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Important developments in the field of modified tocopherols/tocotrienols

Norman Gross, MD

The latest scientific paper on modified tocopherols/tocotrienols suggests some alternative pharmacodynamics that may explain the anabolic properties of those compounds.

Professor William Steiger (University of Boston) and his team published a study showing that the main mechanism in which modified tocopherols/tocotrienols act is their anti-glucocorticoid activity mediated by displacement of glucocorticoids from their receptor, increases in the creatine phosphokinase activity in skeletal muscle, and increases in circulating insulinlike growth factor (IGF)–1, as well as up-regulation of IGF-1 receptors. These mechanisms may play a much larger role in the anabolic/anticatabolic actions of xenoandrogens than previously thought.

The previously described mechanism of xenoandrogen action was their binding to androgen receptors which, however, didn’t explain their anabolic properties.

Modified tocopherols/tocotrienols have been recently introduced in production when group of investors obtained commercial rights for most known xenoandrogens and launched a product line aiming at anabolic androgenic steroid users.

Recent history of xenoandrogens

Chemical/biological compounds can influence the metabolism in two ways: they can have either anabolic (cell-growth stimulating) effects or catabolic (where the tissue cells are broken down and finally used up in respiration) effects.

Until recently, the only compounds known for their strong anabolic properties (meaning they stimulate the anabolic processes in human body) were derivates of male sex-hormone testosterone. They are commonly known as anabolic steroids (sometimes also called anabolic-androgenic steroids as they usually also stimulate the androgenic receptors).

( It is worth noting that while some naturally occurring compounds with relatively pronounced estrogenic effects are well known (mostly the phytoestrogens found in soy) the same cannot be said about phytoandrogens. As of today, there is no known phytoandrogen with proven therapeutic value. Some research is reportedly underway on phytoecdysteroids in Russia, the results are to be seen.)

In 2008, a group of scientists from the Kyoto University led by professor I. Morishita published a revolutionary paper describing a new group of compounds with almost identical properties as testosterone. Prof. Morishita’s team tried to modify a group of tocopherols (specifically all-rac-alpha-tocopheryl acetate) on molecular level. Such modified tocopherols proved to have interesting effects on laboratory rats. The Japanese team studied only androgenic receptor (AR) stimulation, but other teams in USA and the Czech Republic found also significant anabolic effects of modified tocopherols and tocotrienols.

Since 2008 modified tocopherols (also known as xenoandrogens) were tested on several species of animals including apes. The Czech team finally published a scientific paper describing the effects of xenoandrogens on human patients with testosterone deficiency.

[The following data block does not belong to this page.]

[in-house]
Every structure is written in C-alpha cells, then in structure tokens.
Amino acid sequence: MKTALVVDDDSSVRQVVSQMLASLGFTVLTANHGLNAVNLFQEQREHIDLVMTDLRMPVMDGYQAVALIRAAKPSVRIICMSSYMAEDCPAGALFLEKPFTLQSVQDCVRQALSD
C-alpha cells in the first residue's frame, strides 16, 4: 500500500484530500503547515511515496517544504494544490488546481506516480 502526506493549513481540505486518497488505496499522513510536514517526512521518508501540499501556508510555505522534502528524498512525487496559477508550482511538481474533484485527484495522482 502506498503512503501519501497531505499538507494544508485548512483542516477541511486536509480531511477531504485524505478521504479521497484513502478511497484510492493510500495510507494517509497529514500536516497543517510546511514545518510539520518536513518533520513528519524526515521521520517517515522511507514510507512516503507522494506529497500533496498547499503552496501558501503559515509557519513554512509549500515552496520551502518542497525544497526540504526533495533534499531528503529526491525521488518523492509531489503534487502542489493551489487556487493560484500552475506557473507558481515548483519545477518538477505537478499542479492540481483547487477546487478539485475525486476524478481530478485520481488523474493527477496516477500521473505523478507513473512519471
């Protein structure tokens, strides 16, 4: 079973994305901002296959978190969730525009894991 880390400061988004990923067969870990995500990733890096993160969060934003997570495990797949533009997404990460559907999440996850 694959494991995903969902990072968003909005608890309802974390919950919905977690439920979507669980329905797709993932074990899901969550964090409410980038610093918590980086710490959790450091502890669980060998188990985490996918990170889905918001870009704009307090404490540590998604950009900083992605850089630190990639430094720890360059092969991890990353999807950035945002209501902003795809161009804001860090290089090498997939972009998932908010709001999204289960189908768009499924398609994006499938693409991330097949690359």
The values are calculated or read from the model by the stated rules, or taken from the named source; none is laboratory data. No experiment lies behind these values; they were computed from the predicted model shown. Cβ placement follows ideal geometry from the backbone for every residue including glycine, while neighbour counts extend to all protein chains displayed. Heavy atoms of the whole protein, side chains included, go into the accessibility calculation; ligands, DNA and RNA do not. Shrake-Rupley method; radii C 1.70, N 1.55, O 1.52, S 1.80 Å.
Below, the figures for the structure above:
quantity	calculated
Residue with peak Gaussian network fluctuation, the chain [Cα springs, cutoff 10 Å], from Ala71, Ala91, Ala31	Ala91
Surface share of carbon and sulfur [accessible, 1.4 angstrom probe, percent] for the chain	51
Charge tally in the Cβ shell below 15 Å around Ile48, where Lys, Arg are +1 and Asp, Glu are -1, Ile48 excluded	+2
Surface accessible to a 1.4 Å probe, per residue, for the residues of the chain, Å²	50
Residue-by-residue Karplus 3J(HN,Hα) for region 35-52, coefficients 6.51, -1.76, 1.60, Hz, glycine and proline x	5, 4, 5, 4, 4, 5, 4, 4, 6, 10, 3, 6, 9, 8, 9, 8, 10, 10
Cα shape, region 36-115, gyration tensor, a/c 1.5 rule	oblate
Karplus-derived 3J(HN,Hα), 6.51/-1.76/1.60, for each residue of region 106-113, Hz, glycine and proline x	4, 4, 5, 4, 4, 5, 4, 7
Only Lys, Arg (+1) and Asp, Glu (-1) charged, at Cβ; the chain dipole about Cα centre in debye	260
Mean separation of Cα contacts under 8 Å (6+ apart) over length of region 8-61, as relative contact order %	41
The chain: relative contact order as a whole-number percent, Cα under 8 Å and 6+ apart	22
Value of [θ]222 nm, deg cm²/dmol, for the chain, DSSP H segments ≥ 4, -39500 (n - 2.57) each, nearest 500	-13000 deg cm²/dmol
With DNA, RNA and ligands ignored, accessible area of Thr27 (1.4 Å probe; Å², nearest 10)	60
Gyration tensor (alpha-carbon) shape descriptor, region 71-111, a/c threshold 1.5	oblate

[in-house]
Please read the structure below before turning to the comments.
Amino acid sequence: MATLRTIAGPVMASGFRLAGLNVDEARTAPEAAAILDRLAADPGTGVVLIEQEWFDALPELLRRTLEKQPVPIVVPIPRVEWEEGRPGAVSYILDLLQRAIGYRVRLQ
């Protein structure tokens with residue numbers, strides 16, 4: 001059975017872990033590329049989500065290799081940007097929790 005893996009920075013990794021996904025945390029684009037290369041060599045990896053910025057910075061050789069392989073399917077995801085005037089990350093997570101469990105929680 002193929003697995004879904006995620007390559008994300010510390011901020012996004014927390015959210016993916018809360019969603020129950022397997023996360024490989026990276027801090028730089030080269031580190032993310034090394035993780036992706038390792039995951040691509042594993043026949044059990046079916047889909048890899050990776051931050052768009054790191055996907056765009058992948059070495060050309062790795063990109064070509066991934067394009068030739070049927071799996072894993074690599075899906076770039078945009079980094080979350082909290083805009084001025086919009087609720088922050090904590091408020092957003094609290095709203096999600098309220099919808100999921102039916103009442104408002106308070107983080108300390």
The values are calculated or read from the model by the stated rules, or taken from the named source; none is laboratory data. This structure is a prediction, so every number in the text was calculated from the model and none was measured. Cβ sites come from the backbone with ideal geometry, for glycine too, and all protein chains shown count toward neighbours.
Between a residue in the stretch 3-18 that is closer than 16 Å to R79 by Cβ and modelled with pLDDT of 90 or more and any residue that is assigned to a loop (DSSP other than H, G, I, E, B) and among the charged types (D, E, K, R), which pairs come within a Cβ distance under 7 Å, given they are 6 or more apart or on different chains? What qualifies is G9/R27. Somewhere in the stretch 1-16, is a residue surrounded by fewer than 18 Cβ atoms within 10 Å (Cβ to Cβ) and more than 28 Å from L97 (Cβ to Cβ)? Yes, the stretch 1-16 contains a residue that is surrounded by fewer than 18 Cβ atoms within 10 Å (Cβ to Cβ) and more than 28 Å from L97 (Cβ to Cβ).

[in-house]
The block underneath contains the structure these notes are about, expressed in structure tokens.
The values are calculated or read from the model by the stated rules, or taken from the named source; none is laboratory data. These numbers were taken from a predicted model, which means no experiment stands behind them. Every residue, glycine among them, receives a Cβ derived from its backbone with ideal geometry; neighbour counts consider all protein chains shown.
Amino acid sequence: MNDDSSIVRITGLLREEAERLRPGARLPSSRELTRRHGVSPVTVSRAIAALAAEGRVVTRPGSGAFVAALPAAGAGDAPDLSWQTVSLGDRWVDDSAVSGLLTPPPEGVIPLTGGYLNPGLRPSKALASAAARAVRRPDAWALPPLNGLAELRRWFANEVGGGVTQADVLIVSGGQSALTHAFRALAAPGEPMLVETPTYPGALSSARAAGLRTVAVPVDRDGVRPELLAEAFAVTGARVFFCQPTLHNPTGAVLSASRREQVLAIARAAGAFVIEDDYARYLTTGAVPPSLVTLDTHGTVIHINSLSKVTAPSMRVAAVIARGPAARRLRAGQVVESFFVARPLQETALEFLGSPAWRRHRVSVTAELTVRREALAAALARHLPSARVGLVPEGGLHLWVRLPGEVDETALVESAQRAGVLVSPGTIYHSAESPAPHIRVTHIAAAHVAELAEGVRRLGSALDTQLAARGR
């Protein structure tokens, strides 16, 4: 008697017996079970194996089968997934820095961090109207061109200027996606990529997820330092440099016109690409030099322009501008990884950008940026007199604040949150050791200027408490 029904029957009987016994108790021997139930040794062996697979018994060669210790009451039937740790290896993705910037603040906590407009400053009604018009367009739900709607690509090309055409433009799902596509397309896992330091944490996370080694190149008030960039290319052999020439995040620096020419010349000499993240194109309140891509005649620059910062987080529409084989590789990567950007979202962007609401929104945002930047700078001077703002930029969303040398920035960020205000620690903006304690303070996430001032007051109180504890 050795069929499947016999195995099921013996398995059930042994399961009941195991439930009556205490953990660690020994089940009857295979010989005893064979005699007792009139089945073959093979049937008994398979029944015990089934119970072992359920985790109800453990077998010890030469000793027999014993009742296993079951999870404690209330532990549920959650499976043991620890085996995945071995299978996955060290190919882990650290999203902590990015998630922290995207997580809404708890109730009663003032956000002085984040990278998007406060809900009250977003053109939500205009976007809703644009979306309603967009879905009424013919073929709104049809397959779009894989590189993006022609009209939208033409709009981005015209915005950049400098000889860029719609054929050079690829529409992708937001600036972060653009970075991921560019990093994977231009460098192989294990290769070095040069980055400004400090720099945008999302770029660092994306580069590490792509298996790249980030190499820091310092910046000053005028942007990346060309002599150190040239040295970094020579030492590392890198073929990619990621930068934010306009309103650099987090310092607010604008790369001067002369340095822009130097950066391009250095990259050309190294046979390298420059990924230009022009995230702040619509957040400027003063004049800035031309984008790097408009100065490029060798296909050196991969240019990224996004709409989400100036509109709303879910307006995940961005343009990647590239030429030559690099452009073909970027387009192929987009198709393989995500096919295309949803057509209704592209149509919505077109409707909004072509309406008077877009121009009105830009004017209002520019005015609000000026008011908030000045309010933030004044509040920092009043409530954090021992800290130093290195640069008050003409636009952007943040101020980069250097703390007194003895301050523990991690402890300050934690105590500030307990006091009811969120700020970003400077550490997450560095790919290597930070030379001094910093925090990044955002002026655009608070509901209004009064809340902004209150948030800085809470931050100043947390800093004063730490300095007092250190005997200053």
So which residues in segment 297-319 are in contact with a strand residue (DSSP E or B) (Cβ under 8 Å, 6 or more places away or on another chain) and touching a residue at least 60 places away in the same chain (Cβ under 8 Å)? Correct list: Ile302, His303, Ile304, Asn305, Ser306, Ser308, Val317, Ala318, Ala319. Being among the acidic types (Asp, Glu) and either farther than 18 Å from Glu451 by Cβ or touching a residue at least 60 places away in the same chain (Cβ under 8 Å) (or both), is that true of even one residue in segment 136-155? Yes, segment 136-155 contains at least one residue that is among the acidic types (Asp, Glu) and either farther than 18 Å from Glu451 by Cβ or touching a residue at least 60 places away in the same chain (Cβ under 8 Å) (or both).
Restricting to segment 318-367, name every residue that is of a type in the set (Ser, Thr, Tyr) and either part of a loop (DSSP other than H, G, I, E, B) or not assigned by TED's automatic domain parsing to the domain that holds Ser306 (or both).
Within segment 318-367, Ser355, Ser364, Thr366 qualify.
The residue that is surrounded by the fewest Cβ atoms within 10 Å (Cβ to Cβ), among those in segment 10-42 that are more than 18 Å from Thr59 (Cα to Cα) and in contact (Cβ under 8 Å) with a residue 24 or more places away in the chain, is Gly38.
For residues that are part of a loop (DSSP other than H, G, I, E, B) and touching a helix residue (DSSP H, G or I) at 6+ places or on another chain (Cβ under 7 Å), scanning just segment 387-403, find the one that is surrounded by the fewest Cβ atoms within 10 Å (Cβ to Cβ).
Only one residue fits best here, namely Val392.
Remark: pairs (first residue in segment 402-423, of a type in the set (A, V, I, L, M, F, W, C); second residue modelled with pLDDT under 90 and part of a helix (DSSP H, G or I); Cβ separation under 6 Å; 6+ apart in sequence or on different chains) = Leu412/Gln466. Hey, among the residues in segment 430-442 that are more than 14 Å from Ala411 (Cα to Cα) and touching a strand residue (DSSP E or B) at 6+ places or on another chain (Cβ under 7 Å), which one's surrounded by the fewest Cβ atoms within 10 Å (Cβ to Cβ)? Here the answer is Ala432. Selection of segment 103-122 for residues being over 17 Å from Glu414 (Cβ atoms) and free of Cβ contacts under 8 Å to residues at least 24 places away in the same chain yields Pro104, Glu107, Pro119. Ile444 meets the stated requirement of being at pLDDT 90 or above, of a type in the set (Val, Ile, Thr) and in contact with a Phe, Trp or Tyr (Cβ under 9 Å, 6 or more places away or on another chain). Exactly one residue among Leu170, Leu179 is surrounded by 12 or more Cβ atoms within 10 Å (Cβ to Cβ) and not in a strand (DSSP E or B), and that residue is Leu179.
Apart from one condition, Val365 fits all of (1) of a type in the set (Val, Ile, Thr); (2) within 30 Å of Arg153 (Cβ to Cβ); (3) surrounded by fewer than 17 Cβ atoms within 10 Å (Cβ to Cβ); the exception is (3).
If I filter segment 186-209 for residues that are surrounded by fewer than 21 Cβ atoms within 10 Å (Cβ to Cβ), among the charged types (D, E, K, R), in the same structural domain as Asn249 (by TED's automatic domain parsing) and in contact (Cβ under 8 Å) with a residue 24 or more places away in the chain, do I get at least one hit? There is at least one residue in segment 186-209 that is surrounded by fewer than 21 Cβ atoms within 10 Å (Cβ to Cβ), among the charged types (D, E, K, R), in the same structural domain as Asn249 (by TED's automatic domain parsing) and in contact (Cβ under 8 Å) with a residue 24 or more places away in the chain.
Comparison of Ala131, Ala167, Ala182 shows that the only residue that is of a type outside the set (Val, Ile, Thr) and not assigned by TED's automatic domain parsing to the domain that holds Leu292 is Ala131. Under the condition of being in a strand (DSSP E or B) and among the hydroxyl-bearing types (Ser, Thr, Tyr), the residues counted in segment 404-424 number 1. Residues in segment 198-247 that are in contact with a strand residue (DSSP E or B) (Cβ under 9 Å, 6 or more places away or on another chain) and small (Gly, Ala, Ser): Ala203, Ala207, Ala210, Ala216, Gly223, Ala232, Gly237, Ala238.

Why tocopherol?

The use of tocopherol as a base material for inducing androgenic effects may look strange to begin with and as it seems it was a matter of coincidence. However, considering the tocopherol’s complex and easy-to-modify structure it has proven to be a worthy substance.

Revolutionary software

We owe at least part of the success of several teams experimenting with xenoandrogens to application of new computer algorithms originally developed for gene-sequencing. Using such approach can apparently enable us to significantly speed a number of similar experiments.


Sources:

Morishita I, Okubo K, Mizuno Y, Sawada M, “Stimulation of androgenic receptors and protein synthesis by altered all-rac-alpha-tocopheryl acetate in mammals”. J Steroids Hormon Sci 2008, 10.4172/2157-7536.1330104

Abstract:

Tocopherols are series of organic compounds consisting of various methylated phenols. Various molecular alterations of these compounds were studied as potential stimulators of androgenic receptors in several mammal species (rattus rattus, pan troglodytes, macaca fascicularis). Depending on the genetic variations of the androgen receptor gene, the stimulation was mild to very strong. Further study of the potential therapeutic effects of modified tocopherols is necessary.

Bauer V, Smolensky B, Bartosova K, Smid T, “Use of xenoandrogens (altered tocopheryl acetate) in patients with testosterone deficiency”. Hormone and Metabolic Research (Journal), 2010 (31)

Abstract:

A group of novel selective non-steroidal androgen stimulators were applied to a group of 54 men between 22 and 61 years of age. In a 6-month randomized, placebo-controlled, double-blind study we proved the efficiency of these tocopherol esters in over 80% of treated subject. The control group showed no significant improvement. The mechanism of NR3C4 stimulation is still being studied.

Gerber W L, Dias S, Warsawski D, Williams J, “Androgenic and anabolic effects of gamma-tocopherol and alpha-tocopherol modifications on rats”. Princeton Scientific Pub. Co. pp. 9–13. ISBN 0-911131-35-3.

Abstract:

Androgen receptors interact with certain signal transduction proteins in the cytoplasm. Androgen binding to cytoplasmic androgen receptors can cause rapid changes in cell function independent of changes in gene transcription, such as changes in ion transport. Stimulation of androgen receptors by testosterone and DHT is well described. A novel approach of stimulating these receptors (AR, NR3C4) by modified tocopherols and tocotrienols was studied on laboratory animals. The alternative stimulants proved highly efficient even in comparison to DHT. Protein synthesis in observed animals was increased by 184% comparing to the control group.